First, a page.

At the halfway stage of the Premier League season. I aimed to do a half-term report of sorts on how I felt it has gone for Steve Bruce’s [feature image above from Sky Sports] Newcastle United. With fans not being allowed in stadiums meaning all games have been televised, it means I’ve been able to watch most games but given what I’ve seen, I wish I hadn’t.
After 19 games played, Newcastle are 16th in the table on 19 points. If that tally was replicated over the next 19 games, then Newcastle would finish on 38 points which is not always a safe points tally. They are out of both Cup competitions after losing to Championship side Brentford in the Carabao Cup Quarter Final and at Arsenal in the Third Round of the FA Cup. It is abundantly clear at this stage of the season, Newcastle’s season is basically about surviving and staying in the top flight.
Watching Newcastle this season has been a soul-destroying experience. The football has not been good, it has been dreadful and the stats support that [all stats accurate at the time of publishing and unless stated are sourced from the Premier League].
Newcastle have averaged a league worse of just 38% possession and have mustered 161 shots on goal. That is just four more than West Brom who have a league-low of 157 shots but have played one game less than. Over their 19 games, that is an average of 8.49 shots on goal per game and with 55 attempts on target that is an appalling average of 2.89 per game. That 55 shots on target is the second-worst in the league ahead of Burnley and Wes Brom but again, Newcastle have played one game more.
It is bleak at the other end of the pitch too. Defensively, Newcastle have allowed 291 shots on goal at an alarming rate of 15.21 shots per game. In 9 league games, the opposition has been allowed 15 shots or more! Karl Darlow has generally performed well while covering the injured Martin Dubravka. He has made 70 saves behind only West Brom’s Sam Johnstone.
Struggling to have shots on goals, conceding almost double the number of chances you can create. You cannot play we have a shot, you have two and do well. It is not sustainable. Put basically, those numbers are the perfect recipe for a team to struggle and if sustained, suffer relegation.
Admittedly, it did not look like that at the start of the season. Newcastle opened the campaign with a 2-0 win at West Ham with new singings Callum Wilson and Jeff Hendrick scoring. It looked a good start but alarmingly, Newcastle only had two shots all game. That was the definition of clinical but the warning signs first showed at the first home game of the season as Brighton romped to a convincing 3-0 win at St James, Brighton had 12 shots to Newcastle’s 6 and the home side failed to get a shot on target.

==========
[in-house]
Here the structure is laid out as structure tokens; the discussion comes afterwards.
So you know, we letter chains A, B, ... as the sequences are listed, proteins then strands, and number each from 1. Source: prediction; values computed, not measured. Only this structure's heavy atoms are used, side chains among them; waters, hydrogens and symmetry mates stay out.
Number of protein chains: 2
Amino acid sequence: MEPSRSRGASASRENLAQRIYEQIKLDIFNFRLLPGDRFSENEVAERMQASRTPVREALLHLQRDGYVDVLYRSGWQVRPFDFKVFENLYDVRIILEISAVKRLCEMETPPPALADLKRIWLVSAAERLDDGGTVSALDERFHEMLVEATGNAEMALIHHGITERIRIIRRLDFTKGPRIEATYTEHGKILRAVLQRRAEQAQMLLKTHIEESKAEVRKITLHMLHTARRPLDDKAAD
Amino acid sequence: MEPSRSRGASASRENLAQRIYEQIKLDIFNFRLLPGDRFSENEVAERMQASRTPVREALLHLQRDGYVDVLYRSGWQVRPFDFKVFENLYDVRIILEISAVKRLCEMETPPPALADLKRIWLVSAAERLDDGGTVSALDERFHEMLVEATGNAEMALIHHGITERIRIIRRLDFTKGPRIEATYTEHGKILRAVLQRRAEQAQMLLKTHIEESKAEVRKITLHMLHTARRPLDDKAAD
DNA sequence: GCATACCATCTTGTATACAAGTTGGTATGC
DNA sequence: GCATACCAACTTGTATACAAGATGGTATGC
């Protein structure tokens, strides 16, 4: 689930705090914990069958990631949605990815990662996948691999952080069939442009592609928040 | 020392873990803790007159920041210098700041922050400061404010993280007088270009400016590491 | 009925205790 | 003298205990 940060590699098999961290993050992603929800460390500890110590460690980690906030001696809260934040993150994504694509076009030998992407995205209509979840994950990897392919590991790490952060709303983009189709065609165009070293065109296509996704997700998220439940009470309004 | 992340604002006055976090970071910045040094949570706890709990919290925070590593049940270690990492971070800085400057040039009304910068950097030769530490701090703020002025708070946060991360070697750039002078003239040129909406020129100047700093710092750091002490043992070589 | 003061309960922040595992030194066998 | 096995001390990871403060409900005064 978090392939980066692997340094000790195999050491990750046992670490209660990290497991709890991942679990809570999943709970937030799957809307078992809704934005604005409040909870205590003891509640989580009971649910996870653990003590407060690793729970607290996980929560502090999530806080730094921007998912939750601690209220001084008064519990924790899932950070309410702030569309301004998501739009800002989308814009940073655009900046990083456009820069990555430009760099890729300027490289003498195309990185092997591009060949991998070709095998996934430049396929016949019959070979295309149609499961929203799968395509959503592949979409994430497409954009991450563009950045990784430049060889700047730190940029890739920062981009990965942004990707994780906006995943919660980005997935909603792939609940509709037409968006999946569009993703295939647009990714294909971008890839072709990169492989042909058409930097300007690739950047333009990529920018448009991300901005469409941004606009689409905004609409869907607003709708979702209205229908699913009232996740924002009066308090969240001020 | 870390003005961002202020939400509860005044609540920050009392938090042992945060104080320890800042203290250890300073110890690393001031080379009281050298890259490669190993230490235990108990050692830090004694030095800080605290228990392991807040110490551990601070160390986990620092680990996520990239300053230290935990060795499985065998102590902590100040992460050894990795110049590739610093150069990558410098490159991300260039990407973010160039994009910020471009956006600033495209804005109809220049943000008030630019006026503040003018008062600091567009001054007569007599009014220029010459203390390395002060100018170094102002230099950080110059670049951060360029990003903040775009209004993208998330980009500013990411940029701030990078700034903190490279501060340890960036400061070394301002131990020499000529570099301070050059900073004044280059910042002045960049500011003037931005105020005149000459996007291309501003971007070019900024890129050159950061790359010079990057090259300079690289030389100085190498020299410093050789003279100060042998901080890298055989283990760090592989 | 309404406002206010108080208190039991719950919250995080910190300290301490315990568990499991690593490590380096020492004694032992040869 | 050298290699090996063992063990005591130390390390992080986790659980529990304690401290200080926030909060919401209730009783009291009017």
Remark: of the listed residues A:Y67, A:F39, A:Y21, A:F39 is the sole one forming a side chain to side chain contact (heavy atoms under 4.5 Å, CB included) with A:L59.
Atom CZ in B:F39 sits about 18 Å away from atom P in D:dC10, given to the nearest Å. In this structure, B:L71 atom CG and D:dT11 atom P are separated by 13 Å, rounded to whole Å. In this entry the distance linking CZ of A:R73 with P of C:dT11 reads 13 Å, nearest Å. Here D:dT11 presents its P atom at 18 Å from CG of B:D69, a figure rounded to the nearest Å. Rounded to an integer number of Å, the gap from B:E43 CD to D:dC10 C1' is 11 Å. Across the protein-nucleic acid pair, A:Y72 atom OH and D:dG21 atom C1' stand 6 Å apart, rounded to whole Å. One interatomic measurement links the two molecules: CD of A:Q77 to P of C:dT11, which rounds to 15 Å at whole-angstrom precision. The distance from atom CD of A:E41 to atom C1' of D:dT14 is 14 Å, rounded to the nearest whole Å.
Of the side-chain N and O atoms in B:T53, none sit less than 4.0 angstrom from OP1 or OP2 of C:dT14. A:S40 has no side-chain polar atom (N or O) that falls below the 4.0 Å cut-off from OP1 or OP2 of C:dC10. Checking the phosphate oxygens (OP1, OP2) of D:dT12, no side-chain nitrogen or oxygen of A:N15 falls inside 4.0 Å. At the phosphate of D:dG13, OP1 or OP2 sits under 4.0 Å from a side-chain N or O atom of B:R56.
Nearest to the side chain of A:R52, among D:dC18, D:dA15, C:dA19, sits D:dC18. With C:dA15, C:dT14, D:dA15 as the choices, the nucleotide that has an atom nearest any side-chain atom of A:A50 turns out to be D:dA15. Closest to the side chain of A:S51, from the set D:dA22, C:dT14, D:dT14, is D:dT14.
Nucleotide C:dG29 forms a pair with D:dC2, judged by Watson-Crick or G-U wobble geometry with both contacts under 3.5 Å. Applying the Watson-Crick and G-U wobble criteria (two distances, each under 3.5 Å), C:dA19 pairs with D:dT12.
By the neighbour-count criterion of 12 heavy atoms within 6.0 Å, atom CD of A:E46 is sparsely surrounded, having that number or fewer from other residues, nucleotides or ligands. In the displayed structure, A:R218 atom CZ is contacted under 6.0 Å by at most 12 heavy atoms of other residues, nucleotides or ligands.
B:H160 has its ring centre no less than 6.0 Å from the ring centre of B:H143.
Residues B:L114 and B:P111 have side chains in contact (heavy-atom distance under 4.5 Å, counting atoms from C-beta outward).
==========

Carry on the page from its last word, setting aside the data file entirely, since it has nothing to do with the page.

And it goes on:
There was then the away game at Spurs. That was a long watch as the home side had a mammoth 23 shots on goal but could only fond the net once. Darlow was inspirational with some of his saves there and only a very fortuitous penalty decision that sparked outrage saw Steve Bruce’s side leave with a point having only had 3 shots on target all season. It was a similar story at Wolves, I could go on and on.
The fact is, only three times in Premier League games have Newcastle created more chances than the opposition; the 3-1 victory over Burnley, the 2-0 victory at Crystal Palace the 1-1 draw with Fulham. Only once, the opening day against West Ham have they created the same number of chances. That means in 16 out of the 19 league games. Newcastle have had fewer chances than the opposition and some of the differences are alarming. At Spurs, Newcastle got a point despite only having 6 shots to the home sides 23. Against Manchester United at home, they had 7 chances to Man United’s 28. Newcastle’s goal that game came from an Aaron Wan Bassaka own goal and Man United got a deserved 4-1 win eventually.
The turning point seems to have been around December, after the Covid outbreak at the club. Newcastle returned with a victory over West Brom but that was followed by the trip to Leeds. The game was 2-2 going into the final 10 minutes but Newcastle capitulated as Leeds won 5-2. It was nothing less than Newcastle deserved. If we use Newcastle’s two goals from 10 efforts as an average 5 shots per goal then Leeds 5 goals from 25 was a fair reflection. Such a result had been coming for some time but it seems to have triggered results to catch up with the performances.
Since this game, Newcastle have failed to win in any competition scoring only twice, a run stretching back to 8 in the league, 10 in all competitions. They salvaged a draw against Fulham at home and even with a man advantage in the final half an hour, needed a penalty to score and never really looked like threatening them. The other point coming against Liverpool in a very much backs to the wall job for most of the proceedings. In that run was also the League cup defeat to Brentford where again they were out-created. They did not do enough and it was a huge opportunity missed. Andy Carroll was the last Newcastle player to score, in the 2-1 home defeat to Leicester. That is the only goal Newcastle have scored in 2021 in all competitions.
Additionally, there was the embarrassment of the being the first team to lose to Sheffield United in the league this season. The Blades had not won in any of their opening 16 games; the worst start of any Premier League side ever. Yet, Newcastle did not turn up. It was not helped by Ryan Fraser’s dismissal but they were poor before then. Chirs Wilder’s side have been unlucky at times as the expected goals indicate they should be around 15th in the table but given the Blades had 17 shots that night and scored only once is perhaps an indicator of why they are where they are. That said, the Newcastle performance was poor. There was no urgency to get back into the game or anything. The worst thing was, it was entirely predictable and even Sky Bet had Chris Wilder’s men favourites.